Steve James: Selfishness may be England’s only batting saviour amid Ashes debacle
The secret to Joe Root’s glut of Test runs has been becoming more selfish as a batter. There’s something in that for his hapless England teammates, writes STEVE JAMES.
The ball was driven sweetly and convincingly through mid-on for four with the straightest of blades. This was the Ben Stokes we know and so admire.
To that ball from the left-arm over-the-wicket bowling of Mitchell Starc on the last fateful morning in Melbourne, the left-handed Stokes had used the big back-and-across trigger movement that has become his modus operandi in recent times, going so far across that he was outside off stump.
But then to the next ball he decided to do something different, this time going only to middle stump with his back foot. By the time he was bowled by Starc six balls later (admittedly from a very decent delivery, and Stokes had also hit a nice off-driven four in that time too), a change in the field with third slip going to leg slip meant that he was going back on to leg stump.
Stokes clearly did not want to turn one straight to that leg slip, but if you were searching for one small passage of play to sum up Australia’s superior thinking and its trumping of England’s overthinking on this Ashes trip, then this was not a bad place on which to alight.
Too much was expected of Stokes in this series, of course it was, but for such a high-quality player he has been overcomplicating things with the bat ever since he advanced down the pitch — and then shouldered arms to — his first ball of the series. You could go back further too, because when he made that iconic 135 not out at Headingley in 2019 he did not have that exaggerated trigger movement. He was looking rather decent then.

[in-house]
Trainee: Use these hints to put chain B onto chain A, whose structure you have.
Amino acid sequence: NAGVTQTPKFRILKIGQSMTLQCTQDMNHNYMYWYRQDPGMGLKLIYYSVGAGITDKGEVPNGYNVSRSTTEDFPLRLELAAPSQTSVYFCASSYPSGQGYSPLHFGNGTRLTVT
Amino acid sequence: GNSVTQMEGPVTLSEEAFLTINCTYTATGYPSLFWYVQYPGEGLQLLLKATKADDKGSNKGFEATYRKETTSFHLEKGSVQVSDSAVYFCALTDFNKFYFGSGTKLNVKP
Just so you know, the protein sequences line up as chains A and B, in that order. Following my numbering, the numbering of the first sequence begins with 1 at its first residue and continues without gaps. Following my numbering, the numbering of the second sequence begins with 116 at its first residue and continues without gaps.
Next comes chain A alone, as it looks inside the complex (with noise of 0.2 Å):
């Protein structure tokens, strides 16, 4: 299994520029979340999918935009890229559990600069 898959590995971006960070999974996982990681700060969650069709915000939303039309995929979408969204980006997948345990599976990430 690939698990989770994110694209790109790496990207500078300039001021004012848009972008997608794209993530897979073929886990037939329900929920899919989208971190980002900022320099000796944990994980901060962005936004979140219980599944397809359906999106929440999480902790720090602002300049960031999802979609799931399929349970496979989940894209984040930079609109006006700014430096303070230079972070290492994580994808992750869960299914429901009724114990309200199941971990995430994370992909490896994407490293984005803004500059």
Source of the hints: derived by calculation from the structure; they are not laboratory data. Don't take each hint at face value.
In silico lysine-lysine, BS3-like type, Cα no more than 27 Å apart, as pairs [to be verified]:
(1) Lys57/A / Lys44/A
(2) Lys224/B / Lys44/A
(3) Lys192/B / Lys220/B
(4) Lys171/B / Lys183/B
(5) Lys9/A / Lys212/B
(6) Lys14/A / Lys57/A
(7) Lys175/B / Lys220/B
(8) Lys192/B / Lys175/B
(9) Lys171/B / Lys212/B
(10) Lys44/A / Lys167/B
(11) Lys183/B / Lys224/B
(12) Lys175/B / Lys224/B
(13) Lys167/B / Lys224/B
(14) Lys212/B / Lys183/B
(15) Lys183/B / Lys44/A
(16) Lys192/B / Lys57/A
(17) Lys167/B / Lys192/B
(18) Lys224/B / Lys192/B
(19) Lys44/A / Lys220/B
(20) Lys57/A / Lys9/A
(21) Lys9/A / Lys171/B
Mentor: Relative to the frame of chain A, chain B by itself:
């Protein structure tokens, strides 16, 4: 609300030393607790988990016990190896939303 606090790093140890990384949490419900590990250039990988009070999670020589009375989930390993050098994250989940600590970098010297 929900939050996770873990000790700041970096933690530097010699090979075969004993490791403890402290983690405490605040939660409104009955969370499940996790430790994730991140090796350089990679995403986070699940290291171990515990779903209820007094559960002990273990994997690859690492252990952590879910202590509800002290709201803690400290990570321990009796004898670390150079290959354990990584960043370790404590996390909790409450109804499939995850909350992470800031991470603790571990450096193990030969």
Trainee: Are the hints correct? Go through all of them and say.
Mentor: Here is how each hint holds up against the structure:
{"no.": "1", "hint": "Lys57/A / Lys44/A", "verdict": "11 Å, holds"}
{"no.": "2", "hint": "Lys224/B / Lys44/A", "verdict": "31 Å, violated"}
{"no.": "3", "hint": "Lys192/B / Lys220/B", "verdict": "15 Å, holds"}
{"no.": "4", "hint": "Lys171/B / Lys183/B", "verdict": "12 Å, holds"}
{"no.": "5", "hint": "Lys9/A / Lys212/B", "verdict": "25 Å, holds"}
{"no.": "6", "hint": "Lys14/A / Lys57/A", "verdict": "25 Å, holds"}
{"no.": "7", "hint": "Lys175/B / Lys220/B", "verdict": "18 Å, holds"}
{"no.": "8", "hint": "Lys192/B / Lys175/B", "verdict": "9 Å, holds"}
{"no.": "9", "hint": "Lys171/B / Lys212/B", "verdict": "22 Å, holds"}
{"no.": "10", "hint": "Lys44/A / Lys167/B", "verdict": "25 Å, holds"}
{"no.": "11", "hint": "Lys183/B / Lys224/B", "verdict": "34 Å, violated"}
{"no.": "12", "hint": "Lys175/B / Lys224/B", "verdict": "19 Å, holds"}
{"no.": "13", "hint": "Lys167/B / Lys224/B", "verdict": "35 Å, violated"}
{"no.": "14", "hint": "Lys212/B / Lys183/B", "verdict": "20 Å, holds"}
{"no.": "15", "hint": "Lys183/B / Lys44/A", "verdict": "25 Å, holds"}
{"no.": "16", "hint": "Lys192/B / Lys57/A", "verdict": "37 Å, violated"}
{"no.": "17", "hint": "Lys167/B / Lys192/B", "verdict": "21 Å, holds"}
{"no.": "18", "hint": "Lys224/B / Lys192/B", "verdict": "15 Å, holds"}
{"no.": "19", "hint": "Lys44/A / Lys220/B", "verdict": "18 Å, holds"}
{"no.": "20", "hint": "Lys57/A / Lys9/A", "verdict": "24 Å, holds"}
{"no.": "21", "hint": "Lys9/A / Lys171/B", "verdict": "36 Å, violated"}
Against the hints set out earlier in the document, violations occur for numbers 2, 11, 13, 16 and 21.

It is almost as if he has been more interested in playing mind games with the bowlers than actually scoring runs, and here those mind games were turned on him. The result has been an average of only 16.83 in the series and a strike rate of 31.46.
It is almost as if, too, that he has been trying to set the standard for his colleagues in terms of patience at the crease. Little wonder that in these pages Shane Watson declared himself “blown away” and “gobsmacked” by how defensive Stokes has been. Good to hear, then, that he was being more aggressive in the Sydney nets on Monday.
As captain Joe Root has discovered, you cannot bat for others in the team. Batting is a singular existence, despite the presence of a partner at the other end. Once the music stops and the bowler’s run-up begins, you are on your own.
And if England’s batsmen are to salvage anything from this ill-fated series, then they would do well to remember that. Runs are all that matter, and they must gather them in their own way. And they must be very clear about what that way is, and how the consistency in their thinking and movements will achieve that.
It is not about playing at one predetermined tempo, especially one that will realise only two runs an over. It is about making shrewd decisions at the appropriate times, which in Australia especially means defending well with hands close to one’s body (otherwise the ball should be left), only driving when the ball is right under one’s eyes and generally looking to the horizontal-bat shots (pull and cut) when attacking the shorter balls.